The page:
Even though she is only in her second semester, Masarjian believes coming to Hollins is “already helping me to grow as an artist. I can see and feel the difference in my work. I took a printmaking class last semester, something I hadn’t really had any experience with before, and this semester I’m taking a painting class and a drawing class. Through experimentation and trying different things, I’m expanding my practice and informing my work in new ways.”

Masarjian praises the art department, not only for its physical resources (“the studios are gorgeous and the materials available for artists are wonderful”) but also for the professors who have built upon the foundation she cherished at Virginia Western. “Everyone is super nice, super helpful and knowledgeable, and the faculty promote an atmosphere where you’re comfortable talking about art, artists, and technique. It’s refreshing to be in that kind of environment.”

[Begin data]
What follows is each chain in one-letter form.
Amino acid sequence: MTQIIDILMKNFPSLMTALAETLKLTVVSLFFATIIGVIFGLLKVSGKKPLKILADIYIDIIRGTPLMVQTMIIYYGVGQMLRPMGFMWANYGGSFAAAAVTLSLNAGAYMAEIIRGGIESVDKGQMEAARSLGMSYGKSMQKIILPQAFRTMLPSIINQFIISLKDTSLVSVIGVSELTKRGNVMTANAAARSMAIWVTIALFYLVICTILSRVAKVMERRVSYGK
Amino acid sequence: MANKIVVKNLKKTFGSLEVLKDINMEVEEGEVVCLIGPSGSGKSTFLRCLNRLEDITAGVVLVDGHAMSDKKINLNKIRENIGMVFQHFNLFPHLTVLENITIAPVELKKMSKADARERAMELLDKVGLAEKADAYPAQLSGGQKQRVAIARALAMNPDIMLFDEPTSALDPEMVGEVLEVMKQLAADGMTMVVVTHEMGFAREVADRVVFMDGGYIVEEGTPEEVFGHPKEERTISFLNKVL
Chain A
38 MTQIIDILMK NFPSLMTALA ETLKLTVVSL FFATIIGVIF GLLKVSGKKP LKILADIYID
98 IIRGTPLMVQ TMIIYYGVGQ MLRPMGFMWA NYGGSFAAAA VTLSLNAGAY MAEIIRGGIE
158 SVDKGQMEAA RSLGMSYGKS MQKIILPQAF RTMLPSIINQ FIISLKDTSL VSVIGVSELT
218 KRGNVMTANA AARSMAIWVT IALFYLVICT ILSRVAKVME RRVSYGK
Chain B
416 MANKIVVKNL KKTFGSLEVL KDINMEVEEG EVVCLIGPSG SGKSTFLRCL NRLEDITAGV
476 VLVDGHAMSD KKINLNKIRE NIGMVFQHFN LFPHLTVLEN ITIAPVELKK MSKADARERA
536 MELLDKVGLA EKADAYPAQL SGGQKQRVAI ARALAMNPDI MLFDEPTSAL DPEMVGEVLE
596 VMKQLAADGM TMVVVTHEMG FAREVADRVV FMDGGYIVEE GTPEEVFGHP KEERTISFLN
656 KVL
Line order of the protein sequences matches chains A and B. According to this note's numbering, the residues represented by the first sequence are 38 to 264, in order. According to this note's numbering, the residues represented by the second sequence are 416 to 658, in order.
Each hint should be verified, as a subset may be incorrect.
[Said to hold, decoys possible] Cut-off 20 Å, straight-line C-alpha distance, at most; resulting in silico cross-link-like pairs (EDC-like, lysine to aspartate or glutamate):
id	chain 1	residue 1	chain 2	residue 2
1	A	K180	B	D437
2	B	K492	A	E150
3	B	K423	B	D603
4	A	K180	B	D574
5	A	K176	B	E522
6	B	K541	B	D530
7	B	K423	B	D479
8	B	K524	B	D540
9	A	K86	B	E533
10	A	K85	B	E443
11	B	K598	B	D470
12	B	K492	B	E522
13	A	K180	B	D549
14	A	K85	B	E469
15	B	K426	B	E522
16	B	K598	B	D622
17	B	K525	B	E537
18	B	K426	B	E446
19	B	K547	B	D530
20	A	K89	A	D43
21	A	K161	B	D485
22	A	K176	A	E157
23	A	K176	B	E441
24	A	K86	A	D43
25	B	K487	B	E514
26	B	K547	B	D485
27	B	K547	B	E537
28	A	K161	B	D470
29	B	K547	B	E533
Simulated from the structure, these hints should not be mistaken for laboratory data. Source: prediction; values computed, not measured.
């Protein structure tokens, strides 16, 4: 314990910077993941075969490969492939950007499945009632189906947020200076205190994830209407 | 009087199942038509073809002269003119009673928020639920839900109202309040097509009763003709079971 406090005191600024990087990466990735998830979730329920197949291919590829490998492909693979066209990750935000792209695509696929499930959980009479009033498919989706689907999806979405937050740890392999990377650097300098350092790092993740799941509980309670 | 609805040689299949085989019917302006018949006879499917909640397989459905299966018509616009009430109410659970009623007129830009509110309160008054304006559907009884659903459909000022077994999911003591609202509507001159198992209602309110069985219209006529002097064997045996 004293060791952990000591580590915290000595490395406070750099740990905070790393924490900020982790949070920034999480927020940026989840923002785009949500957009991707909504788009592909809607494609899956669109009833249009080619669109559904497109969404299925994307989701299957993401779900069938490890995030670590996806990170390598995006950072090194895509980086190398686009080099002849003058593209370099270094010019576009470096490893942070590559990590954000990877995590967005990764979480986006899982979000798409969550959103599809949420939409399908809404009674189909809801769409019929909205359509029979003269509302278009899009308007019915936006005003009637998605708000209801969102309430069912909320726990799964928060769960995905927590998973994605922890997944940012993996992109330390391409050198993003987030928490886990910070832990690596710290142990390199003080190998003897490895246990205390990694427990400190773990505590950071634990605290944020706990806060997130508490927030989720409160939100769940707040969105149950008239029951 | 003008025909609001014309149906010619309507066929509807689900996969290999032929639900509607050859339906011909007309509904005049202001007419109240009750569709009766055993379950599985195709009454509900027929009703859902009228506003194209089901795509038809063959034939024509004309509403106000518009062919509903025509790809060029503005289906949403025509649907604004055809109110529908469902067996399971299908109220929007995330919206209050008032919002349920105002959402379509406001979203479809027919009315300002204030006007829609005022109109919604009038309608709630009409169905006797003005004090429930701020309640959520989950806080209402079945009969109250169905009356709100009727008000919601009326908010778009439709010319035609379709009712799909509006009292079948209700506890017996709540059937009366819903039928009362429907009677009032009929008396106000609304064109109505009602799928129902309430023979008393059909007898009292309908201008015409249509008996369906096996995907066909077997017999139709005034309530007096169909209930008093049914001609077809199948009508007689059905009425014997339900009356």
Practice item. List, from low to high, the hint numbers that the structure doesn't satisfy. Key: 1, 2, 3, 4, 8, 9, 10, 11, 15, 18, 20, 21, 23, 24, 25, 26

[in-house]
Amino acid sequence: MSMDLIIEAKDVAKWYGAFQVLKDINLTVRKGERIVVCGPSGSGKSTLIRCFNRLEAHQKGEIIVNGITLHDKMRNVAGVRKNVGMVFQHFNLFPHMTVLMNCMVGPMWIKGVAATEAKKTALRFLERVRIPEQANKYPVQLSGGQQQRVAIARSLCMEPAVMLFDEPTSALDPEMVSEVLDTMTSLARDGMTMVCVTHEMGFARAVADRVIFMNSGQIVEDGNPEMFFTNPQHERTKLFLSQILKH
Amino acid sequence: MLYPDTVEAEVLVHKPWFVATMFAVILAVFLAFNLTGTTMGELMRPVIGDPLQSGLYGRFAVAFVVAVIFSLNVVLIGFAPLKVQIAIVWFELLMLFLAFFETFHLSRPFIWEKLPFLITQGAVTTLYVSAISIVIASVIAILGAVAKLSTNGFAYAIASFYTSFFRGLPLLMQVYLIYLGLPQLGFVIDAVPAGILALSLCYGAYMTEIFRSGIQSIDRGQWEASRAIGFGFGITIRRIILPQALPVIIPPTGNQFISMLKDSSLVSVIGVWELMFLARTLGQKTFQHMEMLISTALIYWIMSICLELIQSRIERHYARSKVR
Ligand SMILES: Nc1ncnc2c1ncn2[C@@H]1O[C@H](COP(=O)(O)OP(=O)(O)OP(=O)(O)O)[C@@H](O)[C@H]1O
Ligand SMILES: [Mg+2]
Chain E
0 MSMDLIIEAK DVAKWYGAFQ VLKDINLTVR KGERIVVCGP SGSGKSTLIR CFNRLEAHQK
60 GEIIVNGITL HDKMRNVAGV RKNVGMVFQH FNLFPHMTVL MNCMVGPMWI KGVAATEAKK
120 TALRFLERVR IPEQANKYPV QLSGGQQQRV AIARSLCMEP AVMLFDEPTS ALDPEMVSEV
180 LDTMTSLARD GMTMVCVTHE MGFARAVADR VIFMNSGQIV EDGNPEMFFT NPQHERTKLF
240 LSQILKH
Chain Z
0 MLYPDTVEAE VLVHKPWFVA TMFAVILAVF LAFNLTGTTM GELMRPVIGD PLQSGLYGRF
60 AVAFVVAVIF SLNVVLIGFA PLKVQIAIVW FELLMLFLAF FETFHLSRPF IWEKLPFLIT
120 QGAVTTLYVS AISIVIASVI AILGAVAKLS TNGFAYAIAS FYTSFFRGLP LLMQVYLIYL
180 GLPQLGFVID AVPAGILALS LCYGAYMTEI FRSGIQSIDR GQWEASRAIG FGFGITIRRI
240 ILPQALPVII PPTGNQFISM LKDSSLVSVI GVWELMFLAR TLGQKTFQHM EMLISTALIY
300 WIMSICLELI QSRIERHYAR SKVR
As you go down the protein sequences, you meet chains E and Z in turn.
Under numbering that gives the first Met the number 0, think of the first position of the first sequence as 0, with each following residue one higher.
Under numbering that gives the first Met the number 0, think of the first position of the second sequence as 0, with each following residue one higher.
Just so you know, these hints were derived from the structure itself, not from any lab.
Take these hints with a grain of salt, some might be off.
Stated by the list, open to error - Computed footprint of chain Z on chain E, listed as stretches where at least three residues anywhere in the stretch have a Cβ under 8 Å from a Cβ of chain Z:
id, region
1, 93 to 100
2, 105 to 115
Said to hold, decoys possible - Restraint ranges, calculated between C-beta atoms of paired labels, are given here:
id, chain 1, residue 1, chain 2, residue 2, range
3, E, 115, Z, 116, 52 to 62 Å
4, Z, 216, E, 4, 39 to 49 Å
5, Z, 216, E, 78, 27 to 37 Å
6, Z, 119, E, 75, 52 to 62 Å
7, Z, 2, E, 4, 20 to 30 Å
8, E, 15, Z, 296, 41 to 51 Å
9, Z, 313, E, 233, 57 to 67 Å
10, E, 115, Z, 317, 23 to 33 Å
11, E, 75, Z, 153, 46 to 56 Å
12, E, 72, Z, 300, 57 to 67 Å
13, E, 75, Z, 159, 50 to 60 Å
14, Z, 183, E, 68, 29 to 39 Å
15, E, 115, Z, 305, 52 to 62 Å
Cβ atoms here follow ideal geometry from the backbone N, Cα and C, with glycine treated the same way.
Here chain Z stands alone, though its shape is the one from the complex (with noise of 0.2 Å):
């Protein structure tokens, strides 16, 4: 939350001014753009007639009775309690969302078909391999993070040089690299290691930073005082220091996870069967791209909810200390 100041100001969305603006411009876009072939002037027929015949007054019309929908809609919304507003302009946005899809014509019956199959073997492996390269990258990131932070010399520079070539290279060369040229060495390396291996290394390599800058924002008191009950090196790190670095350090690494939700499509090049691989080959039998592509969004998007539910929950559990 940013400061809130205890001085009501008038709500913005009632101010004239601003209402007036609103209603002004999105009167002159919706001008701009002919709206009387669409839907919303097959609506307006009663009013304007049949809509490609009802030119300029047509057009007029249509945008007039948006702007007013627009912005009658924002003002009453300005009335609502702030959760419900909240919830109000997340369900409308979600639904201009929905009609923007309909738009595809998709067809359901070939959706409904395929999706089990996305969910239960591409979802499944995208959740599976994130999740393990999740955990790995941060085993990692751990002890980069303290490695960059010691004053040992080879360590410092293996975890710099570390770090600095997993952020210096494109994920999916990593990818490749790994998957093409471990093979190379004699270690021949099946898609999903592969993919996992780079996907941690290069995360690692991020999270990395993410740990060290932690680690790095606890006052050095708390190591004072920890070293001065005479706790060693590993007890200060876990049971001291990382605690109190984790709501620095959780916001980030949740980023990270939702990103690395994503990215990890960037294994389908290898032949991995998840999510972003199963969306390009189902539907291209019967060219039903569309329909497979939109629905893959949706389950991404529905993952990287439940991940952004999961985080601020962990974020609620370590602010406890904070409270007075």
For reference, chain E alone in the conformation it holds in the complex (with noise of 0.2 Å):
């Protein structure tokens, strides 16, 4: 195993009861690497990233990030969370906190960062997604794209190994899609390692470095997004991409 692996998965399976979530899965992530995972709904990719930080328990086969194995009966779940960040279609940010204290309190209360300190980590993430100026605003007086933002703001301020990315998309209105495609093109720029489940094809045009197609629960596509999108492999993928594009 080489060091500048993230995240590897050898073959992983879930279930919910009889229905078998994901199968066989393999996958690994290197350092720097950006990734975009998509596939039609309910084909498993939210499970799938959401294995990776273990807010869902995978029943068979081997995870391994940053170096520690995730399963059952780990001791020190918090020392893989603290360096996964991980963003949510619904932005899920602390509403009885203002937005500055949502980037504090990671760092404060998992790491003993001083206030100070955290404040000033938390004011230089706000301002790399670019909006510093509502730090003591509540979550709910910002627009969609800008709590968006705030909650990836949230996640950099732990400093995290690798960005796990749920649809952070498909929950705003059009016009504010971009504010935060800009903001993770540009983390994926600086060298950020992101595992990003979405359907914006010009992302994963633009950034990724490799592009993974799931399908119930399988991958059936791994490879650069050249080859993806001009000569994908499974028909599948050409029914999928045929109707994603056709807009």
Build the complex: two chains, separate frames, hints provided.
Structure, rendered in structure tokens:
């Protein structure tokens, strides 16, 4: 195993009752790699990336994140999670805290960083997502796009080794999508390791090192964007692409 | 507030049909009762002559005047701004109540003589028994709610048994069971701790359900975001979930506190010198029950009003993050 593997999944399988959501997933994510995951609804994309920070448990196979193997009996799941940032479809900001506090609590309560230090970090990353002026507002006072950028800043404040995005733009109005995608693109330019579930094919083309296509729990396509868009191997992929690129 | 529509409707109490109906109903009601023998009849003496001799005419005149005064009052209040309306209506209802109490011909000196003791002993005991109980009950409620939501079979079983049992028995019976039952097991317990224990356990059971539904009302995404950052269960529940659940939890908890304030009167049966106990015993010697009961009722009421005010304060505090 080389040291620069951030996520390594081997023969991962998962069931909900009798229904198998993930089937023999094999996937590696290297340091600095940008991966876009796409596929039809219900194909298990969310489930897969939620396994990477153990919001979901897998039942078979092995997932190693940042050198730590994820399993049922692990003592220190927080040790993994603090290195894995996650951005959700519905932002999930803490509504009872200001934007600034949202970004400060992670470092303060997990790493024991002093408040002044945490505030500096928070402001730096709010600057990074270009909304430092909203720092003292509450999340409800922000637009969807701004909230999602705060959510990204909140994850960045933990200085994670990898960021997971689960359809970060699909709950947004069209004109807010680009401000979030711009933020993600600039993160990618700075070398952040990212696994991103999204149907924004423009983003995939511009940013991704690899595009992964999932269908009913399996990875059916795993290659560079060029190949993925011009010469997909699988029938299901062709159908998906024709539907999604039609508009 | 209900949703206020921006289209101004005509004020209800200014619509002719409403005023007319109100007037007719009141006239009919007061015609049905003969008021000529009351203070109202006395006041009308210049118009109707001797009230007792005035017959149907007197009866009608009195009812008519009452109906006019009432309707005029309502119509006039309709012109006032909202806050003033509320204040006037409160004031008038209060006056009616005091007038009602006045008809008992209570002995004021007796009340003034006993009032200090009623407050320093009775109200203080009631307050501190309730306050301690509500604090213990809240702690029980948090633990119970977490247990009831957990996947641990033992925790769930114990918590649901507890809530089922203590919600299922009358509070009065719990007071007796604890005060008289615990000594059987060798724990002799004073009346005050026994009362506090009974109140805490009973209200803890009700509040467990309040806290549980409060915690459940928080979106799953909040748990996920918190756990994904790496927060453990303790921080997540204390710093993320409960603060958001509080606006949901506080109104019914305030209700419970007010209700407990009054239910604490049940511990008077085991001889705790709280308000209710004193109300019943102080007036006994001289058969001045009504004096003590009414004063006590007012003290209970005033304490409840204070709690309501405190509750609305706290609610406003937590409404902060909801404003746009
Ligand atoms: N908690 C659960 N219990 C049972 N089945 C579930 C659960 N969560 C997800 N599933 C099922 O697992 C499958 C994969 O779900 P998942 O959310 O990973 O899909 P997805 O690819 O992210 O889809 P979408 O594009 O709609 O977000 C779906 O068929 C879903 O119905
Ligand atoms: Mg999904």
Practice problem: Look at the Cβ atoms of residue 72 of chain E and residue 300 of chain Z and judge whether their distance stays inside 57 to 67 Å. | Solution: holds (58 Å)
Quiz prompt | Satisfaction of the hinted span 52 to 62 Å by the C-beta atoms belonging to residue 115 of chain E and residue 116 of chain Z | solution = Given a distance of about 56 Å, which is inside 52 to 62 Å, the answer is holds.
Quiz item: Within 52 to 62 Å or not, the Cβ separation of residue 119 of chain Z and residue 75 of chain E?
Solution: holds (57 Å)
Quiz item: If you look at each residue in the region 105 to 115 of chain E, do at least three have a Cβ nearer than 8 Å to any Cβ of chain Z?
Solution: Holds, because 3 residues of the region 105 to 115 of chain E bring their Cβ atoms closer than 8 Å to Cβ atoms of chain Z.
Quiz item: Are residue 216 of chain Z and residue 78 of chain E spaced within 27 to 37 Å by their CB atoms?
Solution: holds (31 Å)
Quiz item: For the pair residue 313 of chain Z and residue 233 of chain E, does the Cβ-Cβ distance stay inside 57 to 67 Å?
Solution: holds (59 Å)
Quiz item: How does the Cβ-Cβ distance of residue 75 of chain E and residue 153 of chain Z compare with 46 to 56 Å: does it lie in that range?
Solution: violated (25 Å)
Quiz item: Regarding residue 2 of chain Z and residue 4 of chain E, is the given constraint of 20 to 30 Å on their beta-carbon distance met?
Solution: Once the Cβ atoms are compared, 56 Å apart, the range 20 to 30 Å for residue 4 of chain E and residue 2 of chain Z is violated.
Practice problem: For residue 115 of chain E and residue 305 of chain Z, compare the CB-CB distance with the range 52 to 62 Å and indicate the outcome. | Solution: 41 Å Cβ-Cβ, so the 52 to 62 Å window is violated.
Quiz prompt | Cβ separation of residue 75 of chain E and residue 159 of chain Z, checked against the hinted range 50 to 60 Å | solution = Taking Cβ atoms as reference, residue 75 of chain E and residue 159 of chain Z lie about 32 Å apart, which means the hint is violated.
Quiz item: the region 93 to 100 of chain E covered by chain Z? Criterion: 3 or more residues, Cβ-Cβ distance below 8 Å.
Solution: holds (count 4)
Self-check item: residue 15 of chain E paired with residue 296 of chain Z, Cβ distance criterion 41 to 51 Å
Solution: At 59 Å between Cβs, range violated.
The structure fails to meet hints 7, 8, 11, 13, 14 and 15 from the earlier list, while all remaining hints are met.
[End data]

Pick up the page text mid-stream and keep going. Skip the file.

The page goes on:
Masarjian on glitter: “The pop that it can provide is really fun.”

The mentoring that faculty have provided is also appreciated. “My inspiration comes from everywhere and I do a lot of work with found materials (organic or manufactured objects that an artist may favor for their inherent creative value). Sometimes when I see these materials, I’m struck by an idea and that idea stays with me until I get it out. I always have ten million ideas that I want to do, and my professors help me find the focus I need to complete the work.”

The two Masarjian pieces that are on display at Art on 1st are both found canvases. The main piece features mixed media with three separate canvases framed together. It is abstract, colorful, and vibrant. Of the three works she has featured in “The Healing Power of Hope,” two came out of her printmaking class last semester. She considers one of those, “Composition Joy,” to be among her favorite pieces. And yes, glitter figures prominently in both the mixed media work and in “Composition Joy.”